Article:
Overview of Linux Printing Systems

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A tour of printing options under Linux.
Interface with applications

Today, the PostScript language stays the primary interface for printing in the UNIX world. All major applications will output at least generic PostScript that will then be processed by the printing system until it gets printed. This is obviously very limited, because applications have no unified way of querying printing features, or even know if a job printed correctly. Very few applications are able to use PPD files to access printer features, although StarOffice and OpenOffice are notable exceptions.

But the situation is improving. For instance, CUPS provides a basic C API that allows applications to be integrated more easily with their printing system. This API includes functions to communicate with a CUPS daemon through IPP, as well as functions to read and parse PPD files, and thus gather detailed information about printers and their capabilities. This still stays quite limited for the application developer, as this only works with CUPS and similar IPP servers.

On the free software side, the Gnome and KDE desktop projects now both include middle-level layers to facilitate printing : KDEPrint and Gnome-Print. These frameworks propose to provide a unified APIs to the applications, by abstracting the underlying printing system.

The future of Linux printing

Things are much better than they were just a few years ago with the emergence of more advanced printing systems. As this is a subject essential to enterprises, we are beginning to see support from big name vendors like HP or IBM that strive to improve on this infrastructure.

Moreover, the Free Standards Group is working on the OpenPrinting project, whose stated goal is to define the next generation of the printing infrastructure for the Linux operating system. Gathering many experts from the industry, this workgroup is defining APIs and standards that will bring Linux up to speed with its competitors.

Stephane Peter is a senior software engineer working for Codehost, Inc in Culver City, CA. When not playing with printing systems, he can be found playing his guitar or biking around in Southern California.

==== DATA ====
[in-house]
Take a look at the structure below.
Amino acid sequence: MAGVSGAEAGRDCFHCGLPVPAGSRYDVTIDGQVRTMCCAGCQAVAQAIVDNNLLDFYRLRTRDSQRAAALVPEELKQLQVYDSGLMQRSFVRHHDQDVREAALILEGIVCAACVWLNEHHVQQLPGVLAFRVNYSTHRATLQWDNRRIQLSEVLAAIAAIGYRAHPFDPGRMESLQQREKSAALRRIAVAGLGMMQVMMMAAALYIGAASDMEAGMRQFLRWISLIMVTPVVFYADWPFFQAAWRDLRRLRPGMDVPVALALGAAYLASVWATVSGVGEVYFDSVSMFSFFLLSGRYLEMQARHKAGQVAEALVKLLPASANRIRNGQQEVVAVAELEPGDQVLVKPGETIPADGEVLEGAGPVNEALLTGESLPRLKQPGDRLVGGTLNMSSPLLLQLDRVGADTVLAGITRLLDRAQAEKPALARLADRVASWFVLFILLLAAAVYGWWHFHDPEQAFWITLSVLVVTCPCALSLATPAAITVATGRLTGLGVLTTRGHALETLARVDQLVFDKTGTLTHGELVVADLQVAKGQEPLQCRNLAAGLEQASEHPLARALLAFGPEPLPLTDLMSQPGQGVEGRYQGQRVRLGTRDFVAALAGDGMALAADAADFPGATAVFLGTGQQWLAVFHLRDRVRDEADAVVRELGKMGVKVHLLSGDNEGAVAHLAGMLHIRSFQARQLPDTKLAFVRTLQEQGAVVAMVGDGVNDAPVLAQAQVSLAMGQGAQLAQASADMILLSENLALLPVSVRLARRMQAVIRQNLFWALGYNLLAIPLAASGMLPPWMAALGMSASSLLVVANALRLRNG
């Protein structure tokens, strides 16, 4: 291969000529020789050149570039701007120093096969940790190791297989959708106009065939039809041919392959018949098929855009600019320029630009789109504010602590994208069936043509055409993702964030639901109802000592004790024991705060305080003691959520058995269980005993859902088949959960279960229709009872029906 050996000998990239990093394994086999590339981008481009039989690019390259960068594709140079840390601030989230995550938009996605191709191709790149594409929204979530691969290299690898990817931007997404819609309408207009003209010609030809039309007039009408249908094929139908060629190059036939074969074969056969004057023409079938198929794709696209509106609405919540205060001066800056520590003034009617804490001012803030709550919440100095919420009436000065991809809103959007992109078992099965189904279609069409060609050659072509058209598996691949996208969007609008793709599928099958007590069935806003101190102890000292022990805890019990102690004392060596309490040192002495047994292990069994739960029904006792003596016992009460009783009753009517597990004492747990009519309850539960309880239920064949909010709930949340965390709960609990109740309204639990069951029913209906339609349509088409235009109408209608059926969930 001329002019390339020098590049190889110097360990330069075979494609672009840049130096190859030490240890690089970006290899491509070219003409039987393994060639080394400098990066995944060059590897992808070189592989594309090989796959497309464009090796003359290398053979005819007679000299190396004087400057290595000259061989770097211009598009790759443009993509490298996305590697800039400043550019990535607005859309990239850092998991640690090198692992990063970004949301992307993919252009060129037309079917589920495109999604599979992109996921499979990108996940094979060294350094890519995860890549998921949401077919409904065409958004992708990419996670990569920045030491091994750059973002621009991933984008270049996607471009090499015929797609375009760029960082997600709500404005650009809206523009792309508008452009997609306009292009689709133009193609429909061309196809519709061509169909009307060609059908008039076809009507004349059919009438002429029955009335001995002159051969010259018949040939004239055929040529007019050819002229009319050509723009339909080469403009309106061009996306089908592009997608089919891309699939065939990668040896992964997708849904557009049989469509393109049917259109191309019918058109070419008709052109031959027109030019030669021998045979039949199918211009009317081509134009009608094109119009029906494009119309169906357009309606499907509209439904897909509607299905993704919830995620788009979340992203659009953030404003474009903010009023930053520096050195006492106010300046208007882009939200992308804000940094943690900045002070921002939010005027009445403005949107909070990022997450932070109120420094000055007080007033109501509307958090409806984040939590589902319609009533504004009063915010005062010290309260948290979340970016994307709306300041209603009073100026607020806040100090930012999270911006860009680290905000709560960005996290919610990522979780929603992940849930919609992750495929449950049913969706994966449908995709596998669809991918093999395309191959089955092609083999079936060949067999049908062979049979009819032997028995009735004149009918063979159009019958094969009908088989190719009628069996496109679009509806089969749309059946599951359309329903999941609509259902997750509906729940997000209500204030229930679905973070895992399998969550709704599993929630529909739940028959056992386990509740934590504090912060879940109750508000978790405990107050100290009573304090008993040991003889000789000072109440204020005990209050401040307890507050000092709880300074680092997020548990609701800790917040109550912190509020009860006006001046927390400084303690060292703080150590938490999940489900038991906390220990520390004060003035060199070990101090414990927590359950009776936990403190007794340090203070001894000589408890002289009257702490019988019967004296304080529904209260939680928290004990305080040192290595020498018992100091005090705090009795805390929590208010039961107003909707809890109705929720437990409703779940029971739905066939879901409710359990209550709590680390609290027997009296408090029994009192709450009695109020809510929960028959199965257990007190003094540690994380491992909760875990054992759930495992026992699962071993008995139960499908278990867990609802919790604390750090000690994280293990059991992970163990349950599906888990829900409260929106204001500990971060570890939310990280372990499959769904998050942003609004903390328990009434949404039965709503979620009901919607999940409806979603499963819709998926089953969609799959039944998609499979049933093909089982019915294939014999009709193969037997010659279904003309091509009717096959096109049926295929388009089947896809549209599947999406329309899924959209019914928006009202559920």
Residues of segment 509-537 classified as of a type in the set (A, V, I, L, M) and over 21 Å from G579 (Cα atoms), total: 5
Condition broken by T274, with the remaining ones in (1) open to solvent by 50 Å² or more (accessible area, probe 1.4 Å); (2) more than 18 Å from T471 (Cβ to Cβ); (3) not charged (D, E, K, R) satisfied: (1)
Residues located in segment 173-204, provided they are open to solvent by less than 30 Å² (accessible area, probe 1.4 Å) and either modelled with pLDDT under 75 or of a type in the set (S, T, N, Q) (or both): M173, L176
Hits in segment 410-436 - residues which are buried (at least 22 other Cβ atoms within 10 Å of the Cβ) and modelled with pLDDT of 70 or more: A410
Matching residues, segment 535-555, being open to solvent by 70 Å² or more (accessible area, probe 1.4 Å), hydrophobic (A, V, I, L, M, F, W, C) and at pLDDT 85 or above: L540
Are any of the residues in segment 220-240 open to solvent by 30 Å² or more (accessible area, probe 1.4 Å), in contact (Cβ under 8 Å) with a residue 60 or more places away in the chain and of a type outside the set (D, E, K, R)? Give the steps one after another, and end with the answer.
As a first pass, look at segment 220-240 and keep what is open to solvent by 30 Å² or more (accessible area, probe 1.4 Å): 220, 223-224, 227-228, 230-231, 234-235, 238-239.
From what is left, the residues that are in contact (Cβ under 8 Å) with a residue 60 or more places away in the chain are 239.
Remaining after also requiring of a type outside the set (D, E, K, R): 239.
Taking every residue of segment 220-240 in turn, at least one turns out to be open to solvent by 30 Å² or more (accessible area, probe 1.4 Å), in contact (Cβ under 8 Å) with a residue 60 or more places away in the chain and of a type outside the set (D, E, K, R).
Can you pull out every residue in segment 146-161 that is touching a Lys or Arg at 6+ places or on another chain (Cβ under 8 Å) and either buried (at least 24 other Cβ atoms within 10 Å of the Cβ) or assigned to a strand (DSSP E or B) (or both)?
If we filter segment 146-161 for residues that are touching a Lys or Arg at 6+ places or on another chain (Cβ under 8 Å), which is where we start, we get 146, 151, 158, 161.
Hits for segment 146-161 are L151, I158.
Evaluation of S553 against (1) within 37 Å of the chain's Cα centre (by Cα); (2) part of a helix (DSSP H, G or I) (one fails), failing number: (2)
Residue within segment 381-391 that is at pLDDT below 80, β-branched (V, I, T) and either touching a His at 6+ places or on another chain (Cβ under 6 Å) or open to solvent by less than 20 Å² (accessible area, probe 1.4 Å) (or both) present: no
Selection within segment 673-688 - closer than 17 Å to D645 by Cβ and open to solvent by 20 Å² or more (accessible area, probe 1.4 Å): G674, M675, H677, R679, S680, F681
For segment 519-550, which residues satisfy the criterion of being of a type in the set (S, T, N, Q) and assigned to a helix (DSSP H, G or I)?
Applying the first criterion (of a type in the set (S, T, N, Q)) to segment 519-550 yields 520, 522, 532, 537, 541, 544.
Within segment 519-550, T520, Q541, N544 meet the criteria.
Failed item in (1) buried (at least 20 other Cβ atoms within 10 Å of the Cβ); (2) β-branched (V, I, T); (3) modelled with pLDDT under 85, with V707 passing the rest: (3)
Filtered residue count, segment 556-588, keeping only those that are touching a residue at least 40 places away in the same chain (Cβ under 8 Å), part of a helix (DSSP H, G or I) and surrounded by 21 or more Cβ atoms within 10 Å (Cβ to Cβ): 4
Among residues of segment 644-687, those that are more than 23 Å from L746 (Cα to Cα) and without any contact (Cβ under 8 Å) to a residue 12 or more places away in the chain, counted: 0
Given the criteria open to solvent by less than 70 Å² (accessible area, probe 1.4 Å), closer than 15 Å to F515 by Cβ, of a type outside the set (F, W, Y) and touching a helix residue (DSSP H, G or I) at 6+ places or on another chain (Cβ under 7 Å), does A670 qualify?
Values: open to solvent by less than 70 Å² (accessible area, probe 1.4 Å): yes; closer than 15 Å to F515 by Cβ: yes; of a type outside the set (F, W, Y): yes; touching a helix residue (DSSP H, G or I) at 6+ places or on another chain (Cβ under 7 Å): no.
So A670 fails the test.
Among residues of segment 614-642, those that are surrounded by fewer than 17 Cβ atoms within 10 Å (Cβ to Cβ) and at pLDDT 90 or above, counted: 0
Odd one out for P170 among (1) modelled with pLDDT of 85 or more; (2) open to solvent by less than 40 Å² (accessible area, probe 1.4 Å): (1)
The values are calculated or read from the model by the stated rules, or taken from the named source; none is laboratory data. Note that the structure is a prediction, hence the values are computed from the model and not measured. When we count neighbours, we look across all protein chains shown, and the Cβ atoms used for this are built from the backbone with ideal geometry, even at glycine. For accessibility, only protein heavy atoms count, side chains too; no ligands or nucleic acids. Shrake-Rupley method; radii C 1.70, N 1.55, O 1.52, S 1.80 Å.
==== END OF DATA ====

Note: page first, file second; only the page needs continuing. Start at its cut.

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Also dont forget about xprint

Anonymous's picture

Another alternative printing system based on X
http://xprint.mozdev.org/

Re: ESP Print Pro

Anonymous's picture

Hi, I bought a copy of ESP Print Pro in 1999, to help support this effort (I don't know C C++), I'm glad that CUPS has flourished.

Re: Overview of Linux Printing Systems

Anonymous's picture

Also seems to have missed a very simple system that does not even require you to have root (admin) privliges.

A small overview http://pdq.sourceforge.net:

Throw away lpr, lp, lpq, lpstat, and lprm, and start planning your vacation! Pdq is guaranteed to be the most straightforward, flexible print subsystem you have ever used, or your money back! (Actually pdq is free software, distributed without warranty.)

Features:

* modular driver and interface support
* jobs can be monitored through completion
* job status can be checked after completion
* users can only print files of declared types
* users can define their own printers
* multitasking, with no queues to get clogged
* scripts can be embedded in the rc files
* custom command-line options
* root privileges not required

This is amazing stuff, I have been using it for years in all kinds of companies/schools/home environments.

Why do it the hard way, when it can be so simple?

Eric Schabell

PDQ is not wide-spread enough

megastep's picture

While I agree with your points, and was fully aware of PDQ when I started writing this article, I chose not to mention it and instead focus on the printing systems that are commonly bundled on most Linux distributions.

AFAIK, PDQ used to be offered as a choice in earlier Mandrake distributions, but I think most distros these days just offer CUPS (or sometimes LPRng).

Re: Overview of Linux Printing Systems

Anonymous's picture

Agreed. I have been using pdq for the past year with a variety of printers and it has performed admirably while maintaining simplicity. I cannot understand why this application does not get more recognition.

Re: Overview of Linux Printing Systems

mkomarinski's picture

Why anyone is still using anything other than CUPS is beyond me.

While CUPS itself is listed as relatively new, I've been using it for at least 4 years, so in comparison to lpr, it's new.

The browsing functionality of IPP allows users with laptops to instantly see what printers are available on the network, and adding a new printer to everyone's desktop is as easy as adding it to one location.

Support for Postscript-capable printers is very well done, and there's always foomatic and other drivers for inkjet and other non PS printers.